Prof Ndlovu was born on February 9, 1936 in Plumtree, where he did his primary and secondary education.

He joined the National Democratic Party in 1960.

He subsequently trained as a teacher, enrolling for a Bachelor of Arts degree at Pius XII University College in Lesotho where he became involved with Zapu in 1963 as chairman of the party’s residents and students branches.

At the university, Prof Ndlovu was also president of the Student Representative Council (SRC) from 1963 to 1964.

He was also publicity secretary of the National Union of Basutoland Students (NUBS) from 1964 to 1965.

Prof Ndlovu also studied at the University of South Africa, graduating with a Bachelor of Arts Degree in 1965 majoring in History, Economics and Political Science.

Back in Zimbabwe, he taught at Empandeni High School, Mafakela Government School and Mpopoma High School.

While teaching at Mpopoma in 1966, he was detained by the Rhodesian regime which felt that his influence among African teachers was not good for the regime which accused him of promoting the objectives of Zapu guerrillas.

Prof Ndlovu was released after 90 days and left the country in 1967 for New York University where he did his Masters and PhD studies.

During the course of his studies at New York University, Prof Ndlovu became very much involved with Zapu, and became the party’s chairman in North America from 1967 to 1971.

He set up an office near the United Nations.

This was quite an important office for Zapu because the party co-ordinated most of its external relations outside Africa and the office in London, United Kingdom depended on information from his office.

He once lectured at the Hofstra University in Long Islands in New York.

Prof Ndlovu was also granted Freedom of the City of Minneapolis in 1972.

He received a number of honours, which include an award for Distinguished Teaching in America in 1973 and was a Fellow of the Aggrey Fellowship of the Edward Hazen Foundation.

Prof Ndlovu also attended the Geneva talks as a political advisor in the Zapu delegation in 1976 as well as the Lancaster House Talks on Zimbabwe.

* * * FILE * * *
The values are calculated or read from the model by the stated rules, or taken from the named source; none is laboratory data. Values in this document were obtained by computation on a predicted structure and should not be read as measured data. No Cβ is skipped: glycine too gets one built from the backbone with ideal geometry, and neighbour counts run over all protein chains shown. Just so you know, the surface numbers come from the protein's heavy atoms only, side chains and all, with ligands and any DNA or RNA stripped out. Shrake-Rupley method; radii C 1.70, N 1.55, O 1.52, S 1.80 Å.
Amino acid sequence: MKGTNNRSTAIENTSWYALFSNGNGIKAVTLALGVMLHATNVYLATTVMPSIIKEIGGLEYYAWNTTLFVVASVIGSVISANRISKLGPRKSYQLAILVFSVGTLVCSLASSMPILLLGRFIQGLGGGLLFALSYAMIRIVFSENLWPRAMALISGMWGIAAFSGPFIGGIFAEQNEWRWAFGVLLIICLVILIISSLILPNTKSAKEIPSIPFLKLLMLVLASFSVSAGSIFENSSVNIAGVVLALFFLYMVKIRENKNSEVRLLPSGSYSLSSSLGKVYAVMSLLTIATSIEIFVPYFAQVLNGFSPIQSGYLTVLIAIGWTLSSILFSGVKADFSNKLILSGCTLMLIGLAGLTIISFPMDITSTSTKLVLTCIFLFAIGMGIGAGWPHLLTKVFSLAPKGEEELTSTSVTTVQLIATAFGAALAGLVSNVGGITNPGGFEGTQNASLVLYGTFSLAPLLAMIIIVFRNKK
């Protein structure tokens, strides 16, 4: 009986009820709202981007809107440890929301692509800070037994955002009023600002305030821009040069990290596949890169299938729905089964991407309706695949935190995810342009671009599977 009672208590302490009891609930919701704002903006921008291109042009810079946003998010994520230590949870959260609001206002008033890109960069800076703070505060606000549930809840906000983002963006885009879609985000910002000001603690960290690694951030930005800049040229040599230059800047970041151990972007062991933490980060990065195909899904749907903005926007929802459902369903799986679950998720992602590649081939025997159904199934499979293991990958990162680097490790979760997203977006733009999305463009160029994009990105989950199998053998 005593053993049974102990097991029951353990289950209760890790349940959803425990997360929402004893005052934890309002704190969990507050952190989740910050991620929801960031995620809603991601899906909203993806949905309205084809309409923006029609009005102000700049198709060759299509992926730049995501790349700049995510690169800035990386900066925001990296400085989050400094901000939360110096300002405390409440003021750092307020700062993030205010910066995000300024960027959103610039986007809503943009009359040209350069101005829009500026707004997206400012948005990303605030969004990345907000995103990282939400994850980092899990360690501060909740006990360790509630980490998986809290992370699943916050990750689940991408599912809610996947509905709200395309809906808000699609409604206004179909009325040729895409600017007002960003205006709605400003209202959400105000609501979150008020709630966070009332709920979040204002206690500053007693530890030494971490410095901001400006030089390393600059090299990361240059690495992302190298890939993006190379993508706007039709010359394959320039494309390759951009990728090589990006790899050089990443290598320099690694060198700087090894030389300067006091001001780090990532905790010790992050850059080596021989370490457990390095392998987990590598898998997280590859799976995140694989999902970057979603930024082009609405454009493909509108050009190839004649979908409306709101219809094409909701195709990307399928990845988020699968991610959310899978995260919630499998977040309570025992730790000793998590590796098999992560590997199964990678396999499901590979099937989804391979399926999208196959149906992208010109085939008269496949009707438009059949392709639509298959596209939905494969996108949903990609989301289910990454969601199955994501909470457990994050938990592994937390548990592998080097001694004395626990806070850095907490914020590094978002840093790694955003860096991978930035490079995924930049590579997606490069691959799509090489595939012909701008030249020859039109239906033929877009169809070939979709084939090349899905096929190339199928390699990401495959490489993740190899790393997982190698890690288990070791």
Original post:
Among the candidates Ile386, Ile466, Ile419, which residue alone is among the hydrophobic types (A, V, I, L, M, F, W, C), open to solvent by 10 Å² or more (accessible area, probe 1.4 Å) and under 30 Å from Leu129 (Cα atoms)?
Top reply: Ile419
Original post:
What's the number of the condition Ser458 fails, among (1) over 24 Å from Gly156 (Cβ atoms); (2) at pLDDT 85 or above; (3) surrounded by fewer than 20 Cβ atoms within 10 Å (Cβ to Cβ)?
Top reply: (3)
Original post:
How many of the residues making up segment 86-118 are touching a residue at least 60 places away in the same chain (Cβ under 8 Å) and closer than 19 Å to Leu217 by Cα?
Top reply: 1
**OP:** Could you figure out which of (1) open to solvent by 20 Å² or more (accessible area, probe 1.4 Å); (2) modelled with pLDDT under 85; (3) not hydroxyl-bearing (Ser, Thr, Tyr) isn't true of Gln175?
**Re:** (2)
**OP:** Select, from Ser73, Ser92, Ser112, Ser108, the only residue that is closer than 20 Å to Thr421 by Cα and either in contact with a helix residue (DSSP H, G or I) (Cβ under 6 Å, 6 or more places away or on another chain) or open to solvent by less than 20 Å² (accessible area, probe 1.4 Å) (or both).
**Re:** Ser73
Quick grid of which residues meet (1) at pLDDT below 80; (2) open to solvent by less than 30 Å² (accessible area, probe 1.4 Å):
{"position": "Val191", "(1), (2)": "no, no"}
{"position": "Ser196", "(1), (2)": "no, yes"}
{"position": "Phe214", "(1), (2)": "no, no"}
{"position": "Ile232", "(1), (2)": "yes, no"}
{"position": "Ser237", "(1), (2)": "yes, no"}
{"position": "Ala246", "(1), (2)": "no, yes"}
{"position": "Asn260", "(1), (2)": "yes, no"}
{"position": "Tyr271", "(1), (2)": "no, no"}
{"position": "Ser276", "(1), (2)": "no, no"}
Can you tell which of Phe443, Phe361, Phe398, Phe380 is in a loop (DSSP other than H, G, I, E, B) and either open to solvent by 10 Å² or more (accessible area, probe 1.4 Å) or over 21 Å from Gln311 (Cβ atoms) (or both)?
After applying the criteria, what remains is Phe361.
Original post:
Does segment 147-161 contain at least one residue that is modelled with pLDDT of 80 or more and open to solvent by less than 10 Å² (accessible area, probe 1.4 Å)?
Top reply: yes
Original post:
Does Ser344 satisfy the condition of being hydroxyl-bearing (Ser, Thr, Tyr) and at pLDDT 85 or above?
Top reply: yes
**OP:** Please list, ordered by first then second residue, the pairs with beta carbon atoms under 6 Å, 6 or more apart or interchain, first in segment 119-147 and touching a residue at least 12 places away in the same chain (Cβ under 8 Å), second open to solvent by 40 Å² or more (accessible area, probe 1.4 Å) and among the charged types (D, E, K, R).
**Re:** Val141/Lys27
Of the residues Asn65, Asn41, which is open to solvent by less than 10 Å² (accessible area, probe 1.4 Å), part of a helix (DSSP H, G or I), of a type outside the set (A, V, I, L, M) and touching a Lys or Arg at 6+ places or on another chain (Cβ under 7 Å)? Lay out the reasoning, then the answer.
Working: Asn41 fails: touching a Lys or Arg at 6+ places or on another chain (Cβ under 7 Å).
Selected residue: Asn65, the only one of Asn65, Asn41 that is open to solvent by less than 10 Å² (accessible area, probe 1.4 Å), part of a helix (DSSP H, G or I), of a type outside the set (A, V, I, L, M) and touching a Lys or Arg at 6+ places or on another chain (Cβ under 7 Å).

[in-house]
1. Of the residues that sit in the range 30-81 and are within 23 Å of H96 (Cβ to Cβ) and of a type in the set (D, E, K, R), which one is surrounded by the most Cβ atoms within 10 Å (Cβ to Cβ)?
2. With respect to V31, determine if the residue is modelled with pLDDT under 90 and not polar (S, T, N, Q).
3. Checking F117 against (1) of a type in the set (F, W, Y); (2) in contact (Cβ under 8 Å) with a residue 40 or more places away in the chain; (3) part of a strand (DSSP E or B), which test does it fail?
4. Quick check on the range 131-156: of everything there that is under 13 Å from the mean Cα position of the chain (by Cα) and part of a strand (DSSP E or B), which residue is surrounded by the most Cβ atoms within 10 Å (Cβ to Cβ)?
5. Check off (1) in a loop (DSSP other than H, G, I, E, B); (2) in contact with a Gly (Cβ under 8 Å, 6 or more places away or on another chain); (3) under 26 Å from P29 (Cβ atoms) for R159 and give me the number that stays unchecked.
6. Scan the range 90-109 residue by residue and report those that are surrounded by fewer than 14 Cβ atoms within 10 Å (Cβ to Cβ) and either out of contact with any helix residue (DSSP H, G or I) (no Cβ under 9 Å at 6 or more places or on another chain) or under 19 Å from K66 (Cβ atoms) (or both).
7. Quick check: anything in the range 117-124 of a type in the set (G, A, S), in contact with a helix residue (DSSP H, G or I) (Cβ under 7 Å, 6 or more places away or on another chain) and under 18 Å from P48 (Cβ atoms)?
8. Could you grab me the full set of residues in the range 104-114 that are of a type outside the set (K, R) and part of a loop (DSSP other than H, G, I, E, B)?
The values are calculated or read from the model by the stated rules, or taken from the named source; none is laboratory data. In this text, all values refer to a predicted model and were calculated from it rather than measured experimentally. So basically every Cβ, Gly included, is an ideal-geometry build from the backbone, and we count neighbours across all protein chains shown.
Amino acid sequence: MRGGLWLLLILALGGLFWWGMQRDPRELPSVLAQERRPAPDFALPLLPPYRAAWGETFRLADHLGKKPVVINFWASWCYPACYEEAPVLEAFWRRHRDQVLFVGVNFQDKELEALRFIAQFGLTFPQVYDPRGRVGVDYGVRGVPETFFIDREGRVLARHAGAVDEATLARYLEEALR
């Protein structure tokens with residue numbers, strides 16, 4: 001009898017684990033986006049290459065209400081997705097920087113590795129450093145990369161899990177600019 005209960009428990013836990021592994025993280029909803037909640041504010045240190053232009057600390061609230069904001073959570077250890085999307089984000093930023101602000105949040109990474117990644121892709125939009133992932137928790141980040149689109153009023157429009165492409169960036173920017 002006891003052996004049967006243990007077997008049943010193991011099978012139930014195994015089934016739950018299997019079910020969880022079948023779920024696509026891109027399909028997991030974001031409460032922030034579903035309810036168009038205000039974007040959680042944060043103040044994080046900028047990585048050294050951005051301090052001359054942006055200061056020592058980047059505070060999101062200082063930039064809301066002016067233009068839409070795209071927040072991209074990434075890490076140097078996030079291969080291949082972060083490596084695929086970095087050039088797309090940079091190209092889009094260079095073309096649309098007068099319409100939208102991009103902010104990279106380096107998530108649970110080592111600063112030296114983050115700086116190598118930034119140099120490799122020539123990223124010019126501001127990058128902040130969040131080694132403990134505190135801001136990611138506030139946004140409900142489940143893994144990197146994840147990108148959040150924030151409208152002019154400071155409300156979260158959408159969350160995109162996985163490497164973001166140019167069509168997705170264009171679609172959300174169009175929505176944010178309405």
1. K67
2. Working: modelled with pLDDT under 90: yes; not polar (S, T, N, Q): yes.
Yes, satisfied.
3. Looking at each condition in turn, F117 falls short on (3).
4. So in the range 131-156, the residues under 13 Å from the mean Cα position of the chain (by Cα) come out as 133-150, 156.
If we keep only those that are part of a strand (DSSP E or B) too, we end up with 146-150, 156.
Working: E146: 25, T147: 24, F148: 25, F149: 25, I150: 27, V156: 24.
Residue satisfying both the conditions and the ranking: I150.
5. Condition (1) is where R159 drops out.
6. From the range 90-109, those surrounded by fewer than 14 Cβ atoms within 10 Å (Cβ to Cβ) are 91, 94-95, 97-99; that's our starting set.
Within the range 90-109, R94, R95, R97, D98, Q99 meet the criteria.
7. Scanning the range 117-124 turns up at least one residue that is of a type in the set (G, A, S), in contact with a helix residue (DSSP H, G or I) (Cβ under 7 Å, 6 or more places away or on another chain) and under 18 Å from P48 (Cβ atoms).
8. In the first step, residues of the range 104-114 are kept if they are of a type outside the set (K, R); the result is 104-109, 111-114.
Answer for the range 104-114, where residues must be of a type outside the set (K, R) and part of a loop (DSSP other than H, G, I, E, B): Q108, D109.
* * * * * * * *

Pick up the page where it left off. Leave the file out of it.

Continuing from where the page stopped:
For nine years up to 1980 he was a member of the Revolutionary Council and represented the party at the United Nations and North America.

After independence, he worked as a director at Carbin Finance and the group industrial relations manager at Union Carbide Corporation in the early 80s.

Prof Ndlovu was a Central Committee member from 1980 to 1983 and the Bulawayo provincial chairman of the Zimbabwe African National Union (Zanu) from 1984 to 1987.

He was a Member of Parliament from 1980 to 1985 and a Member of the Senate from 1985 to 1990.

At the same time he was an MP and senator, he was appointed the Minister of Construction between 1982 and 1983 before he was appointed the Minister of Mines from 1983 to 1984.

Between 1984 and 1989 he was the Minister of Industry and Commerce.

In 1990 he was an executive consultant with the Treger Group of Companies and a member of the Joint Private Sector Standing Committee to promote trade between Zimbabwe and Botswana and also worked as the chief executive officer at Calding Consultants (Pvt) Limited in 1991.

In 2000, Prof Ndlovu was a member of the Constitutional Commission of Zimbabwe.

Prof Ndlovu also worked for the Zimbabwe Institute of Public Administration and Management (Zipam) for several years.

He was once chairman of the Board of Directors at NetOne and chairman of the Foundation Task Force of the Gwanda State University.

At the time of his death, Prof Ndlovu was a member of the Zanu-PF Central Committee and Bulawayo provincial chairman.

Prof Ndlovu is survived by wife Angeline, several children and grandchildren.

Mourners are gathered at 3 Fletcher Road, Kumalo in Bulawayo.chronicle